a seemingly random journey through cinema's heart of darkness. so to speak.

Monday, May 03, 2004


The "we are all tied together" concept is, of course, a flaccid mainstay of folks like P.T. Anderson, Michael Cunningham, and New Age-ists in general. But for James Burke, a bespeckled middle-aged Britisher who wouldn't look out of place in a high school science lab, it's an idea worth taking literally, and one which he trotted out over three seasons of the science show/school-room fave (I hope) Connections. Over each lightning fast episode, Burke focuses on the impact of scientific/psychological/generally historical discoveries on other discoveries, the social fabric and and large-scaled events. For instance: the grotesquely accidental discovery of pennicillin eventually led to the invention of soda. For another: the bottle cap has something very concrete to do with the Hubbell Telescope. And WWII artillery is simply the nth-timed-removed progeny of the garden hoe.

"And that's something you wouldn't expect," quips Burke at points in certain episodes, but Burke's schtick is no mere schtick. In fact, as a historian, he's in the same class as Altman and Lester; he's a revisionist, viewing major world events as the result not of Greatness or something worthy of a statue*, but of accident, even stupidity. "A very boring man" is a description he often employs to describe these geniuses, while his trace of the discovery of pennicillin is so comic as to be terrifying: it wouldn't have been found at all had one medic not left a slew of petri dishes lying open for months, in the direct sunlight, with the car's window open just a bit...and then, he happened to idly glance at the one petri dish...and then happened to give it more of a cursory glance, noticing that the seemingly ordinary mold had destroyed all the bacteria around it. Though Burke later heads out on its trail of far-flung effects, it's sequences like this when Connections is at its headiest; in other words, it's not simply about the leftfield ties he can make between presumably random subjects, but that he knows so much about them, and has a sense of humor to go with them to boot. Saying it's Bunuel's The Phantom of Liberty or Slacker as a science show may seem convenient, but neither of them can touch it's mind-melting qualities. Track down copies; study them; learn to adore the show's proudly geeky guide.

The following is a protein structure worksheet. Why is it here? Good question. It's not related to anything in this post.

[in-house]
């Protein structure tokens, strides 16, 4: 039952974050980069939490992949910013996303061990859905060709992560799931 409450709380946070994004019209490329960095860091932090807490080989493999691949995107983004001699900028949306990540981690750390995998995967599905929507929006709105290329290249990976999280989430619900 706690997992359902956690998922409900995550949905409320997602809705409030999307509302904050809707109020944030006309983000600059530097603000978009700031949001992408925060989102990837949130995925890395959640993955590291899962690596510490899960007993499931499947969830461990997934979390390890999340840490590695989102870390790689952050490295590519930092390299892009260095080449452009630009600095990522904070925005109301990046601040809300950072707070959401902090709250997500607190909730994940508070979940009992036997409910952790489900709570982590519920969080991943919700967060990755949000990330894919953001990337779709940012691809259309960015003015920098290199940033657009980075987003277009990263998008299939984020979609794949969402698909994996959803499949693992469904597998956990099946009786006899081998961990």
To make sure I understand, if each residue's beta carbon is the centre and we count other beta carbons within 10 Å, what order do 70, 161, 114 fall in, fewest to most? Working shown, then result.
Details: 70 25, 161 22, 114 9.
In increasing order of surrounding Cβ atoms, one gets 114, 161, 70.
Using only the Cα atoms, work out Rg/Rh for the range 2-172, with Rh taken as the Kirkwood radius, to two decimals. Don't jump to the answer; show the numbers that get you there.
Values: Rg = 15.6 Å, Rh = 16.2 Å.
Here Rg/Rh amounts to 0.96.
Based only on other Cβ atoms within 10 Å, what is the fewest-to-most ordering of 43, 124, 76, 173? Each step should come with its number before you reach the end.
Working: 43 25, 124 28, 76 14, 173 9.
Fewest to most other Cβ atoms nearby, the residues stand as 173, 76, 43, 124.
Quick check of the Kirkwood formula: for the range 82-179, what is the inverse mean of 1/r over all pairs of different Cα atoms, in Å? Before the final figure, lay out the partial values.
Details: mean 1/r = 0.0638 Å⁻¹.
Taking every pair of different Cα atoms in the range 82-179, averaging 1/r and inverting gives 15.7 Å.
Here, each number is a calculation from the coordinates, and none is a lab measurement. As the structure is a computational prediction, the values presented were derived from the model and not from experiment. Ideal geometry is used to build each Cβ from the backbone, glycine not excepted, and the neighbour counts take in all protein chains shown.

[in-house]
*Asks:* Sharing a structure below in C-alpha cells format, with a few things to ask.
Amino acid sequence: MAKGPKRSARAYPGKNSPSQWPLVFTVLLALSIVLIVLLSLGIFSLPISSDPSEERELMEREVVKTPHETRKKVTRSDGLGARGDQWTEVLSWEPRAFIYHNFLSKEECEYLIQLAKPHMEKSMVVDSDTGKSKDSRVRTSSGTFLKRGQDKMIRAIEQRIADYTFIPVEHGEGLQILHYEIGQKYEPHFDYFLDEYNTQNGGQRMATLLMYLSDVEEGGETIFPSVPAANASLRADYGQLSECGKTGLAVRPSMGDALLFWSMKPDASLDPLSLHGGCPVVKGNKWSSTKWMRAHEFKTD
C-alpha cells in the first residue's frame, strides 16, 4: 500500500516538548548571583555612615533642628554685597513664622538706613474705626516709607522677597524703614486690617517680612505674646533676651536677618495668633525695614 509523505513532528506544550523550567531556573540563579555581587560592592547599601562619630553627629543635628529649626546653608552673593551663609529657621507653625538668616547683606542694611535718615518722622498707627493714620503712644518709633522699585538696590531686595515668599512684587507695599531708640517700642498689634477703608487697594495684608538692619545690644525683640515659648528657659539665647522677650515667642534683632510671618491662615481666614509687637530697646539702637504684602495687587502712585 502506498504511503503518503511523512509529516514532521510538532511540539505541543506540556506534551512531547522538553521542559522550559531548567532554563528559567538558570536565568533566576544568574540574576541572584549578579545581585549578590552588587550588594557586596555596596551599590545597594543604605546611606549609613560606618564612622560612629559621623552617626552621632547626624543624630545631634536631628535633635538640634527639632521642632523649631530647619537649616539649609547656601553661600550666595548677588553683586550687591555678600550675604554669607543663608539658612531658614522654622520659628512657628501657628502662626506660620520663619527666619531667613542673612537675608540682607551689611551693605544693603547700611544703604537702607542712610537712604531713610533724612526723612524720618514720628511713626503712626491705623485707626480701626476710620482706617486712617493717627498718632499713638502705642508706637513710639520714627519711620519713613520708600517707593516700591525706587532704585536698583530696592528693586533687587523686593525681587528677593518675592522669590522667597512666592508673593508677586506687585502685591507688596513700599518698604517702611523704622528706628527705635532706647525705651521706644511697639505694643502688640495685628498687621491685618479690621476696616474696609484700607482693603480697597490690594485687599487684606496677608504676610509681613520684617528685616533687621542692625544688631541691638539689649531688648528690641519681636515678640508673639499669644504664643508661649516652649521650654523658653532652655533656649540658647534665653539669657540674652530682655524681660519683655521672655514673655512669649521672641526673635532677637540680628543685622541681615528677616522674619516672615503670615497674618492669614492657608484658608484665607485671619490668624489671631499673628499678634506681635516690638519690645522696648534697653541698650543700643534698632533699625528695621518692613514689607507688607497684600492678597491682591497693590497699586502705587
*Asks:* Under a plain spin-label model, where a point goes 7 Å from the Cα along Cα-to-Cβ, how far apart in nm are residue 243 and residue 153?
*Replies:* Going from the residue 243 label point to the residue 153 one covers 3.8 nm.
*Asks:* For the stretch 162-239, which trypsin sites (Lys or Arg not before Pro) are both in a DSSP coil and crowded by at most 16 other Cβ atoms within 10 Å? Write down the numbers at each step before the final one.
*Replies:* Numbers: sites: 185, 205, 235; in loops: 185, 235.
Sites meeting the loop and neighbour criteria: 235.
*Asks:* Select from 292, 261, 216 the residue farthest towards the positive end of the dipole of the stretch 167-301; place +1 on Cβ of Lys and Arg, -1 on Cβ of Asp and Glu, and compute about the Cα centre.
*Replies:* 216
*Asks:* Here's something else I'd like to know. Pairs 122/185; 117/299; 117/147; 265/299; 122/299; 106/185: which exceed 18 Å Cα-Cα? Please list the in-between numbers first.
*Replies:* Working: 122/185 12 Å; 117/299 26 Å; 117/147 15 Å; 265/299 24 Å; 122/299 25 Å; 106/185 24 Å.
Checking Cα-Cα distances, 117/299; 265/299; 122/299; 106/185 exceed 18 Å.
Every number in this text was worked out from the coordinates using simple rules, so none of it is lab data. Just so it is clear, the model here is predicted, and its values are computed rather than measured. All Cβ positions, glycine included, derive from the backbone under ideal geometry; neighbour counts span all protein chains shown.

*At one point, he even treats one inventor's towering bronze statue to a visual gag.


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